Credit cards are designed with much deliberation as attractive nuisance – an object that attracts but hurts gullible trespassers – as consumers wander into spending money they do not have and might not have in the foreseeable future. Money merchants want you to pay as little as possible, ideally no more than the minimum payment due each month, so that the interest levied on a larger unpaid balance may generate more money for money merchants. Smartasses who pay off the entire monthly balance without giving a single penny in interest defy the objectives of the credit market. Money merchants want you to spend, hoard debt, and pay back on time but only a little. The credit card ensnarement remains open for one-way entry for the carefree, the underemployed, the young, and the desperate.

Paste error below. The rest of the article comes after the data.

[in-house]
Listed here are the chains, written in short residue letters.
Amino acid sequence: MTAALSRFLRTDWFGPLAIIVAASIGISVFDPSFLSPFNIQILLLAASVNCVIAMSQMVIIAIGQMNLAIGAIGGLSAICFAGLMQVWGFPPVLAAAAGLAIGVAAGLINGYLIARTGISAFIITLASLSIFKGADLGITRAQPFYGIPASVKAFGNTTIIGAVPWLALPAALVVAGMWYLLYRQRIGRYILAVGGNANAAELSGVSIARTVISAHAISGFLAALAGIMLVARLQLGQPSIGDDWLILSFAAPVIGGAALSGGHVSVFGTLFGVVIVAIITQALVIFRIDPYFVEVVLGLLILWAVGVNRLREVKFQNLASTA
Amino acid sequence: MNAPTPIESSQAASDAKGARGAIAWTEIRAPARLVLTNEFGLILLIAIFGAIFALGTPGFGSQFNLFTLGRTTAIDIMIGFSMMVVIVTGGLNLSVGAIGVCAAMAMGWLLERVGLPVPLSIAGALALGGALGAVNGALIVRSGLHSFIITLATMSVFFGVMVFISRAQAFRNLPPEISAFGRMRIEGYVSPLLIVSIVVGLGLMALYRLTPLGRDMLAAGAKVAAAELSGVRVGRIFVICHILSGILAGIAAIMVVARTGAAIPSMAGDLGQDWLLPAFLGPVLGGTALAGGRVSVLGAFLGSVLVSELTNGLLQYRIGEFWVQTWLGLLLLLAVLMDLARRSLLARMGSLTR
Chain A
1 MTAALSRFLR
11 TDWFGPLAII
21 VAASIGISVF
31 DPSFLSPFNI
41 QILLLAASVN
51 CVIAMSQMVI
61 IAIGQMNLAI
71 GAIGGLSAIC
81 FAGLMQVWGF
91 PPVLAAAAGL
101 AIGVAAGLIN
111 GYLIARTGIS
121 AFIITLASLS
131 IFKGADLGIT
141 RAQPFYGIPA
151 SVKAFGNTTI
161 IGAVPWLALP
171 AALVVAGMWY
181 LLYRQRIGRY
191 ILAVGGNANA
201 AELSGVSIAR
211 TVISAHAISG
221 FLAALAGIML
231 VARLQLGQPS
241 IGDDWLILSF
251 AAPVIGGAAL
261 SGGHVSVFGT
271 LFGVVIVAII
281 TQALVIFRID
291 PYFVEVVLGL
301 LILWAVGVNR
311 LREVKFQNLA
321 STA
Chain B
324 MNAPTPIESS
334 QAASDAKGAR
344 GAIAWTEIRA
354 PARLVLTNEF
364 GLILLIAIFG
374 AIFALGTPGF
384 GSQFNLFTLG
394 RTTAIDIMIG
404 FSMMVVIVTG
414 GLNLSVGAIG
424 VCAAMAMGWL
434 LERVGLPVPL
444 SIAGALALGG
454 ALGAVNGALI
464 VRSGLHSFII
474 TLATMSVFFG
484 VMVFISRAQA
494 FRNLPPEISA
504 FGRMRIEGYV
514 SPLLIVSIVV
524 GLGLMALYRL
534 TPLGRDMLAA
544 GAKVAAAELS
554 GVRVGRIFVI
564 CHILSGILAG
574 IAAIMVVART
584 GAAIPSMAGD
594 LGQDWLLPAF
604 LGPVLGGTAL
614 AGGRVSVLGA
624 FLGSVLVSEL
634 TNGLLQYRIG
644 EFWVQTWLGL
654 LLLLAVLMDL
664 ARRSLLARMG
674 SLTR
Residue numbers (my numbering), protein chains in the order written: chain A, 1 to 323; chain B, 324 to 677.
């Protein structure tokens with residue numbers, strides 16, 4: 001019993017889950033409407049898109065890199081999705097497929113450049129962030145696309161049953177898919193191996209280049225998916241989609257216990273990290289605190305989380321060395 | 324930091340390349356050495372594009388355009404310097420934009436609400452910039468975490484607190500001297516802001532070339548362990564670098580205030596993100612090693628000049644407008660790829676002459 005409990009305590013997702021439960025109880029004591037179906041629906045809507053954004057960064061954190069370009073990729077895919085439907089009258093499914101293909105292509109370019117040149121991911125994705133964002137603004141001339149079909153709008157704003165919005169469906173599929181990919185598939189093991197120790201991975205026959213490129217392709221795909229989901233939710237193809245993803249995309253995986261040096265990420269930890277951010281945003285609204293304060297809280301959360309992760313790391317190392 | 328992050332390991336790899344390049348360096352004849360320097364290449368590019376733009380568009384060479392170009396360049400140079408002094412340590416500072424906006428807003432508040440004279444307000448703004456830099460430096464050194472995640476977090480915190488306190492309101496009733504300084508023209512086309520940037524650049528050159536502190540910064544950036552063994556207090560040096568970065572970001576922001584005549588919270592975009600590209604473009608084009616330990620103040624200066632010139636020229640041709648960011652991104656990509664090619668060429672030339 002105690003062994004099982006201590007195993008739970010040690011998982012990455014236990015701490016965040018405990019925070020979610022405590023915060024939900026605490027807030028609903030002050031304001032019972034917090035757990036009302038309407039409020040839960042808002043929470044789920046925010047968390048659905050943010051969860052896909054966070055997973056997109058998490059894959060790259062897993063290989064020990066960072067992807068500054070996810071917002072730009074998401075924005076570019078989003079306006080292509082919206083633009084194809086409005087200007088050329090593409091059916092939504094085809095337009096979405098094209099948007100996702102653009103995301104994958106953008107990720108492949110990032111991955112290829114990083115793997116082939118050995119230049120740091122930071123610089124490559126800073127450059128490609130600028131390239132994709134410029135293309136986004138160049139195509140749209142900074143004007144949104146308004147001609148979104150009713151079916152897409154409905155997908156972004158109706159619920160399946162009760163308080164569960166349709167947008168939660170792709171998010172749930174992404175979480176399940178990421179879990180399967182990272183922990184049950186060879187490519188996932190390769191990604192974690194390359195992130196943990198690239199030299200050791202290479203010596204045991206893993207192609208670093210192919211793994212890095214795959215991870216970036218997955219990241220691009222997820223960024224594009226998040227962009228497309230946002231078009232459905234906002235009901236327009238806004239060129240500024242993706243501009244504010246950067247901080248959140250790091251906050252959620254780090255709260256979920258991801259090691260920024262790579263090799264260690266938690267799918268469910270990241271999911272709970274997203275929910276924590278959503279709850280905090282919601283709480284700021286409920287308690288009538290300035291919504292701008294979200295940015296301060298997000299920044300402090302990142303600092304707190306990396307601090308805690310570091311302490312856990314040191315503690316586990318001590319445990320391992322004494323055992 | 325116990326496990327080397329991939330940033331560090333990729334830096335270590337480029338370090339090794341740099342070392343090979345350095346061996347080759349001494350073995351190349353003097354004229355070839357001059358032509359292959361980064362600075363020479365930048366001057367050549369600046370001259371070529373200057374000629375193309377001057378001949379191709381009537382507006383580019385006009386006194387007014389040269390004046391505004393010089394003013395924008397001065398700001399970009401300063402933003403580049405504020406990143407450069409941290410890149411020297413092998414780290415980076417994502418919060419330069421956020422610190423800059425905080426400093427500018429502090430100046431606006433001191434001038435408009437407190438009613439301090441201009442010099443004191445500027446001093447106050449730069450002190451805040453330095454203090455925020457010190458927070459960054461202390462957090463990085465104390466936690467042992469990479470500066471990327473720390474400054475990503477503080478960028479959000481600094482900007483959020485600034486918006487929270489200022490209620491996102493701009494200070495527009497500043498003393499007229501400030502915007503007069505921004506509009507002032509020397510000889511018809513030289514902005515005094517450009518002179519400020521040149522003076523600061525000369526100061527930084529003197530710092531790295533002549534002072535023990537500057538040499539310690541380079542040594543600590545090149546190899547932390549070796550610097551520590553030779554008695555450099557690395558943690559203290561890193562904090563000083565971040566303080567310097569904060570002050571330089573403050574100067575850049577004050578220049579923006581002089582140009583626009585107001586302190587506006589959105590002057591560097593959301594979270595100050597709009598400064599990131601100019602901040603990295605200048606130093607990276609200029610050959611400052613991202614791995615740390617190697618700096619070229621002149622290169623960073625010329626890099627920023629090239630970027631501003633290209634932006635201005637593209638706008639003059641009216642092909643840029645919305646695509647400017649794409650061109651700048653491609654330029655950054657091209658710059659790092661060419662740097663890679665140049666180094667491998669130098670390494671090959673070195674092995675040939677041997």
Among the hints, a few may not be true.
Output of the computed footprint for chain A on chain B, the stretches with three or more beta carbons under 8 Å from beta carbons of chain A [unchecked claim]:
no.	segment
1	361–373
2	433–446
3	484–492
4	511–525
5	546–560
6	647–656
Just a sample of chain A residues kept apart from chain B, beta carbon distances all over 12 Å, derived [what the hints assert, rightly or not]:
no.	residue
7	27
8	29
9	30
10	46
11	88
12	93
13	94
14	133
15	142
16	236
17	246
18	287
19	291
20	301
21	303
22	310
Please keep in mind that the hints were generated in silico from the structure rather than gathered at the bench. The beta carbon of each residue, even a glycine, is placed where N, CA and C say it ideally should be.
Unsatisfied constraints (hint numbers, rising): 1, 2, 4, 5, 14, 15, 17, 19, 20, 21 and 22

The federal government itself becomes the supreme money merchant when it comes to funding higher education. Student loans are available from the Federal Student Aid(FSA), “proud sponsor of the American mind,” a slogan the U.S. Department of Education has trademarked with propagandistic audacity and the FSA displays on its website. Student loans are not interest-free, even though the federal government has unlimited power to create interest-free money for students, as it does for money merchants.

Currently, the FSA charges 4.20% interest rate on undergraduate studies loans and 5.84% interest rate on graduate and professional studies (law, medicine) loans. With college and university tuitions climbing sharply, students are signing pricy debt notes to obtain higher education and thus mortgaging future wages for a significant part of life. Money merchants, whom law permits to create interest-free money and who take hard-earned money from depositors by paying marginal (0.02%) interest rate, also fund the American mind by charging interest rates much higher than does the FSA. The bankruptcy laws have been modified so that students cannot discharge their student loans.